Types of Third-Party Claims in Massachusetts
So, if you are not permitted to sue your employer, who can you sue? What entity could be held liable for your injuries and losses depends on many different factors. Below we discuss some common scenarios when a third party could be held responsible for your damages.
Many people are required to drive for their job, such as truck drivers and salespersons who cover a large geographic district. Additionally, even people who are not required to travel regularly might attend an off-site meeting or conference away from their primary office. Any time you are driving, there is a risk of an accident. If you are hurt in a crash, you could have a third-party claim against a negligent driver in addition to a valid workers’ compensation claim.
Construction Site Injuries
A third-party claim could arise from any occupation. However, construction jobs not only offer a greater chance of injury, they also open up more third parties to liability than most other jobs. Many trade workers, including laborers, carpenters, welders, and electricians, are hired by subcontractors. Furthermore, the subcontractors are hired by general contractors, who could have been hired by the building owner. None of these people are your employer. Therefore, they are not protected by the immunity provided under the law. If you are injured because of the negligence or recklessness of a general contractor or someone employed by an entity other than your employer, they could be held liable for your damages. Our Boston welding accident lawyer can help you to prepare the case.
Defective Product or Tools
Many people work with heavy and dangerous equipment. Because some of these products are inherently dangerous, a worker must exercise caution and common sense to avoid injuries. However, if a product malfunctions due to a design flaw or defect, an injured worker could have a products liability claim against the manufacturer or distributor.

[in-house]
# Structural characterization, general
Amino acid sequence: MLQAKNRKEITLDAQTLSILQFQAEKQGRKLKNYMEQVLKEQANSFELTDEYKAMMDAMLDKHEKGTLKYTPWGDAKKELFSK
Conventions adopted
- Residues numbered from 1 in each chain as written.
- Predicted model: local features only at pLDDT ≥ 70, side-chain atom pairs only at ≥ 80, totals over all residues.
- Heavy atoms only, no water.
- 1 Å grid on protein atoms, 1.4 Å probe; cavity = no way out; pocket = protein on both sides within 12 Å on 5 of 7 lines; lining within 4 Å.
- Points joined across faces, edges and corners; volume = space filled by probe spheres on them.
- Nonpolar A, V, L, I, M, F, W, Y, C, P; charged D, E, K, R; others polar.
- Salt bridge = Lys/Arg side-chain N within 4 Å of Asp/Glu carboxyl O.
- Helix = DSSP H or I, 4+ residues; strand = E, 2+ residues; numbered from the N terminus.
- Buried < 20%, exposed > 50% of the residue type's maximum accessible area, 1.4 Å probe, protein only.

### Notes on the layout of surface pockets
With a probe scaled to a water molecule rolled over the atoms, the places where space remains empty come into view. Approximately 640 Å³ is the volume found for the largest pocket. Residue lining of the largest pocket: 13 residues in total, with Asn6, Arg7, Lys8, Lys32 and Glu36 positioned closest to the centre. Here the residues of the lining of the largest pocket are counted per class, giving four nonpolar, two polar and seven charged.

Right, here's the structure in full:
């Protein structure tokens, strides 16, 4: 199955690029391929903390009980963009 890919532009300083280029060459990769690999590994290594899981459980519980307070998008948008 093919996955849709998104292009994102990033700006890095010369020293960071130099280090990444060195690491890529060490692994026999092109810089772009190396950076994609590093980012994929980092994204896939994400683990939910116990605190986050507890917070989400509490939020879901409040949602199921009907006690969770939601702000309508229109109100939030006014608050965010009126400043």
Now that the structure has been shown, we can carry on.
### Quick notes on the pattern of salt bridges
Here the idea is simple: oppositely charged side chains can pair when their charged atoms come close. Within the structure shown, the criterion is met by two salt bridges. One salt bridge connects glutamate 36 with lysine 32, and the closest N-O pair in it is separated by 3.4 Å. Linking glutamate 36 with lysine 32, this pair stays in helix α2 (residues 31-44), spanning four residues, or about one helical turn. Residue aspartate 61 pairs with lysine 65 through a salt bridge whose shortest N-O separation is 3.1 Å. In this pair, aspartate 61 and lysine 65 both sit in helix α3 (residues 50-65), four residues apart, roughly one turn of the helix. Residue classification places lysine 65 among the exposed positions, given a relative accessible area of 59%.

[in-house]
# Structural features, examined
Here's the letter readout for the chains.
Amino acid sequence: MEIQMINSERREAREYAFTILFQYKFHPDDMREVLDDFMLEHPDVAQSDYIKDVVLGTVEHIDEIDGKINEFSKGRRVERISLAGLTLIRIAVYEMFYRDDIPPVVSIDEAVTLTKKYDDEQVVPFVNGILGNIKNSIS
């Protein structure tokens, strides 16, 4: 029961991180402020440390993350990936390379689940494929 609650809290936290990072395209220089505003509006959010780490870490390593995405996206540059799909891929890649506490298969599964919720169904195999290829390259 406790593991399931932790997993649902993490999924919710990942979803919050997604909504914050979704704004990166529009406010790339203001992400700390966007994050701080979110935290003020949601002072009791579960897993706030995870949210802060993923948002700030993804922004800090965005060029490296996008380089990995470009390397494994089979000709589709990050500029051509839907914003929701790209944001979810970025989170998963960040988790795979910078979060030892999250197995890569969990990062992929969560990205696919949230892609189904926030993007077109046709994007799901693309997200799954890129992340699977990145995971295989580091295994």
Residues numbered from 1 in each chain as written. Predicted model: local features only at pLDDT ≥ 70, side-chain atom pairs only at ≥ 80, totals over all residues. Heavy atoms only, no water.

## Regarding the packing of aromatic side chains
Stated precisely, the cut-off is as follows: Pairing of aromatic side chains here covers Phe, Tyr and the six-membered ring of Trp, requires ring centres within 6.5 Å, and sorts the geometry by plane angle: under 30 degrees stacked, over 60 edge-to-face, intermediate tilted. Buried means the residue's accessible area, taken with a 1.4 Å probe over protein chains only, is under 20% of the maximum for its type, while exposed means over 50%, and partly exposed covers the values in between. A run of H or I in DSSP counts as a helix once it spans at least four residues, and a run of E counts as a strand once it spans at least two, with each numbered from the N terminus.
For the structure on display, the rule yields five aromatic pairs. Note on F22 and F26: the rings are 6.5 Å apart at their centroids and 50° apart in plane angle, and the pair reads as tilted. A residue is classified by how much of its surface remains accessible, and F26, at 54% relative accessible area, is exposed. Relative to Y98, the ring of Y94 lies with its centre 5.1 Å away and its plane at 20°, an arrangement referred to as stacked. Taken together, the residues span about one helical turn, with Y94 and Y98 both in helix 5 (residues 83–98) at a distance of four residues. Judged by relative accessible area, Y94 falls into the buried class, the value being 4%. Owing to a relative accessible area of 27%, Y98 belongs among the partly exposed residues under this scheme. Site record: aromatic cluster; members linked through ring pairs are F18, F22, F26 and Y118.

Personal injury lawsuits against third parties are subject to Massachusetts’ statute of limitations. You do not have an indefinite amount of time to contact our Wakefield personal injury attorneys if you have been hurt in a work-related accident. More precisely, you have three years from the date of an injury to file a lawsuit. Nonetheless, you should still contact a lawyer as soon as possible to preserve important evidence.
Massachusetts Personal Injury Lawyers Committed to Holding Negligent Third-Parties Liable for the Injuries They Cause
Workers’ compensation benefits are helpful, but they might not cover all your expenses. In some cases, an injured worker could have grounds for a personal injury lawsuit against a third party. Our Cambridge personal injury attorneys or Boston workplace electrocution injury lawyer provide dedicated legal representation founded on years of experience. Claims based on work-related injuries are challenging. The Law Office of John J. Sheehan has the lawyers, staff, and resources to give your case the attention it deserves. Call (617) 925-6407 to schedule a free appointment with our Wakefield electrical shock lawyer .